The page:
EMOTIONAL STAGES AND DITCHING THE DIAPERS
CHILDREN OF THE SAME AGE CAN VARY WIDELY in abilities, development levels, and milestones achieved. Yet, in most parts of the country, by law, they’re required to enter kindergarten around age 5, regardless of social aptitude or emotional maturity. The idea that children are automatically ready for school based on their year of birth has become a somewhat controversial topic. Some educators believe schools should address each child’s potential gaps in development, instead of assuming that all are at the same pace. One method is a “readiness test” that assesses new students’ abilities. While these evaluations don’t necessarily predict a student’s future success, parents can use the results to benchmark their children’s development against others in their age group. Parents also can gather additional information on their current abilities from their child’s pediatrician, preschool teachers, or daycare providers. Having this insight ahead of time can help concerned parents if the new school identifies developmental areas where their child lags behind.
Does your child have these traits?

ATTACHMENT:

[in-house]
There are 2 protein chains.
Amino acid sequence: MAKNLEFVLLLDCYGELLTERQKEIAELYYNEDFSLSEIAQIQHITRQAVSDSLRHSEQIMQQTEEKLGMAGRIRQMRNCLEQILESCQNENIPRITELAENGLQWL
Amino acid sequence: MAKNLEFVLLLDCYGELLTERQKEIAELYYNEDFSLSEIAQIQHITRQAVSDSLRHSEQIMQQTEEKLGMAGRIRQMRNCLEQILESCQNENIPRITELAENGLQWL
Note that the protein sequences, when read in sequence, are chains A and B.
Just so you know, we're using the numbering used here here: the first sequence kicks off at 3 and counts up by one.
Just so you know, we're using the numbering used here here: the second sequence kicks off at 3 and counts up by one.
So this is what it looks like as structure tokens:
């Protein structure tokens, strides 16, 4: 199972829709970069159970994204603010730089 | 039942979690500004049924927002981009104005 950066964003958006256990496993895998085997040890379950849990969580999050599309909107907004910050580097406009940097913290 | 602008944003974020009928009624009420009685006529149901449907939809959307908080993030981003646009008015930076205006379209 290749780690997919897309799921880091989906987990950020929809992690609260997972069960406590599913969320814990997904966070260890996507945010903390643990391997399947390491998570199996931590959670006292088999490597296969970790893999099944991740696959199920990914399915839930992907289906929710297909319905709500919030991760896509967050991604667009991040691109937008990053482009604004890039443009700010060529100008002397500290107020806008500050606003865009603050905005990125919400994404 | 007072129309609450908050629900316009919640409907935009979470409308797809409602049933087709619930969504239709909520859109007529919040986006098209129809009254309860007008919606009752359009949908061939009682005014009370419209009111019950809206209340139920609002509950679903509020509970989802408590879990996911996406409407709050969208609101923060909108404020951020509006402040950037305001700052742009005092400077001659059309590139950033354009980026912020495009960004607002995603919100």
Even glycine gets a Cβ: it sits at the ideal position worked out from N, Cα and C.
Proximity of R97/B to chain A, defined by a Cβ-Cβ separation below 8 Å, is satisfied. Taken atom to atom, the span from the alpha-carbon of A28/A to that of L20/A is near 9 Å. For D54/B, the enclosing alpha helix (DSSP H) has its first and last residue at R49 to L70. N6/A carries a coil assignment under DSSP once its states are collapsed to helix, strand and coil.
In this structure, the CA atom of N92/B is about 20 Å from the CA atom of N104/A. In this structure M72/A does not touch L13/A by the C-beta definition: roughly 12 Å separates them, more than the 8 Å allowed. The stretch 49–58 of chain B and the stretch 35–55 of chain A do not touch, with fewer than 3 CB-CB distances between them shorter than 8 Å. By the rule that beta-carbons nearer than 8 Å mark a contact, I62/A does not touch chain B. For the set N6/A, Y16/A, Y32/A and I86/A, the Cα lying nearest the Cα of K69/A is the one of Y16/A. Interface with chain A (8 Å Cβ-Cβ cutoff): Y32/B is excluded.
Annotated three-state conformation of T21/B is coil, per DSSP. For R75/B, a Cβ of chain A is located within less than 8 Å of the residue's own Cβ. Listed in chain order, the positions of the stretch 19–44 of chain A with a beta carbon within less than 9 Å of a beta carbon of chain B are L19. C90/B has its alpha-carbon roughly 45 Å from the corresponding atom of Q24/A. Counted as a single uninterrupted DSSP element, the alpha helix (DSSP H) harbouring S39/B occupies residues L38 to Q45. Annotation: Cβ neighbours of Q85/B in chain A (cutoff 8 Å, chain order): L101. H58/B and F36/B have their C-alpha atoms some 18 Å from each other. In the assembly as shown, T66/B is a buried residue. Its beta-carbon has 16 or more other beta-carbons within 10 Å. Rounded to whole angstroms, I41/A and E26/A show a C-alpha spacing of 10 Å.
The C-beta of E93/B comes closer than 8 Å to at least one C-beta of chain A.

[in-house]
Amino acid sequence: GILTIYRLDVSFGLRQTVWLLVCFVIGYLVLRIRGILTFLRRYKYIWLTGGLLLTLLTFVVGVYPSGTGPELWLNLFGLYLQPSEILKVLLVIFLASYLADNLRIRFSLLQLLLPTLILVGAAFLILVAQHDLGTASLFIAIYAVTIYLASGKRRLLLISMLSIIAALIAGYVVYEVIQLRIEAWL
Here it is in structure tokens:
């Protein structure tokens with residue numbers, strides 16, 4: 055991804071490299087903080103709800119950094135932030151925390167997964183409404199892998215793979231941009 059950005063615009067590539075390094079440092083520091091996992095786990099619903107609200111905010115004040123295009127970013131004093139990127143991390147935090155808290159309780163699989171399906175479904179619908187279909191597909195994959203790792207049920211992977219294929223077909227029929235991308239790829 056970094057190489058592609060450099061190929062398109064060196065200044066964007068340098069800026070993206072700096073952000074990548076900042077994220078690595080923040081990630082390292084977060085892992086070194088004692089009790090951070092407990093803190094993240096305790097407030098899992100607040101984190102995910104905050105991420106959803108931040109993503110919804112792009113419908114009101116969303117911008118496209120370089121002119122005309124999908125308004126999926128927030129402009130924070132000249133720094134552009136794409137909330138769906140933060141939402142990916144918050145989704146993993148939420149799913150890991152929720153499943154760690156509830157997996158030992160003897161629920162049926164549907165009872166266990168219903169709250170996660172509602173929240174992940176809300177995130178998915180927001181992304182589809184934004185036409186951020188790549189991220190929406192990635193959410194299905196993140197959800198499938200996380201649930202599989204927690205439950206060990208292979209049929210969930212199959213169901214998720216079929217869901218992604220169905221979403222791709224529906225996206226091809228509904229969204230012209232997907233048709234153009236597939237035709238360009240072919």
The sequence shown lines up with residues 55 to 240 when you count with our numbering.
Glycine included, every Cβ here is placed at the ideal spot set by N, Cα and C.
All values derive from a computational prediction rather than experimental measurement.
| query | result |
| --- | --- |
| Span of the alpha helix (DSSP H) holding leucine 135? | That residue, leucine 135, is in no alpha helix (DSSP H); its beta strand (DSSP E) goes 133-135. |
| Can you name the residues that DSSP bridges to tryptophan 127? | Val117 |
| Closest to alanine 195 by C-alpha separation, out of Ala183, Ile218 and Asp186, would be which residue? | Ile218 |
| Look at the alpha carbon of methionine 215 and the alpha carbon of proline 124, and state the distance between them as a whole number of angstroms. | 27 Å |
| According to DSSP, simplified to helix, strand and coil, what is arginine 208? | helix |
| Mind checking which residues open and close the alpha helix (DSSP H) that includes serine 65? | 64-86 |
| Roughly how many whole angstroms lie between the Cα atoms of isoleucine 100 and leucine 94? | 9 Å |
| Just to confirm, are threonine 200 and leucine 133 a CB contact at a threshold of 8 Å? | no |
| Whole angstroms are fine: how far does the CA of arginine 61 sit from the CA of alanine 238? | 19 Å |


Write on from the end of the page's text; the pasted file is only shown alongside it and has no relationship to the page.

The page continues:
Whether your child is up to speed or just a tad behind, teachers have found the following traits helpful for kindergarten success. Each characteristic can better improve children’s cognitive, physical, and emotional development before they enter school:
- Enthusiasm for learning and trying new activities
- The ability to follow directions
- Sensitivity to other children’s feelings
- The ability to take turns and share
Can your child do the following?
Did you know?
Being able to recognize words, hold interest in a book, and count on one’s fingersare some pre-academic skills that characterize a child’s kindergarten readiness.
Before your child enters elementary school, you should ensure he/she can:
- Play with other children without fighting or crying
- Pay attention when listening to a story
- Use the toilet on his/her own
- Use zippers and buttons
- Say his/her name, address, and telephone number
How can you help your child?
Parents can help their children develop these traits and capabilities by:
- Helping with recognition of letters, numbers, and colors
- Scheduling trips to the museum, or art or science programs
- Encouraging play with children of both sexes
- Participating in organized, community sponsored
For more information visit the following trusted sites to learn additional ways to set up your child for success: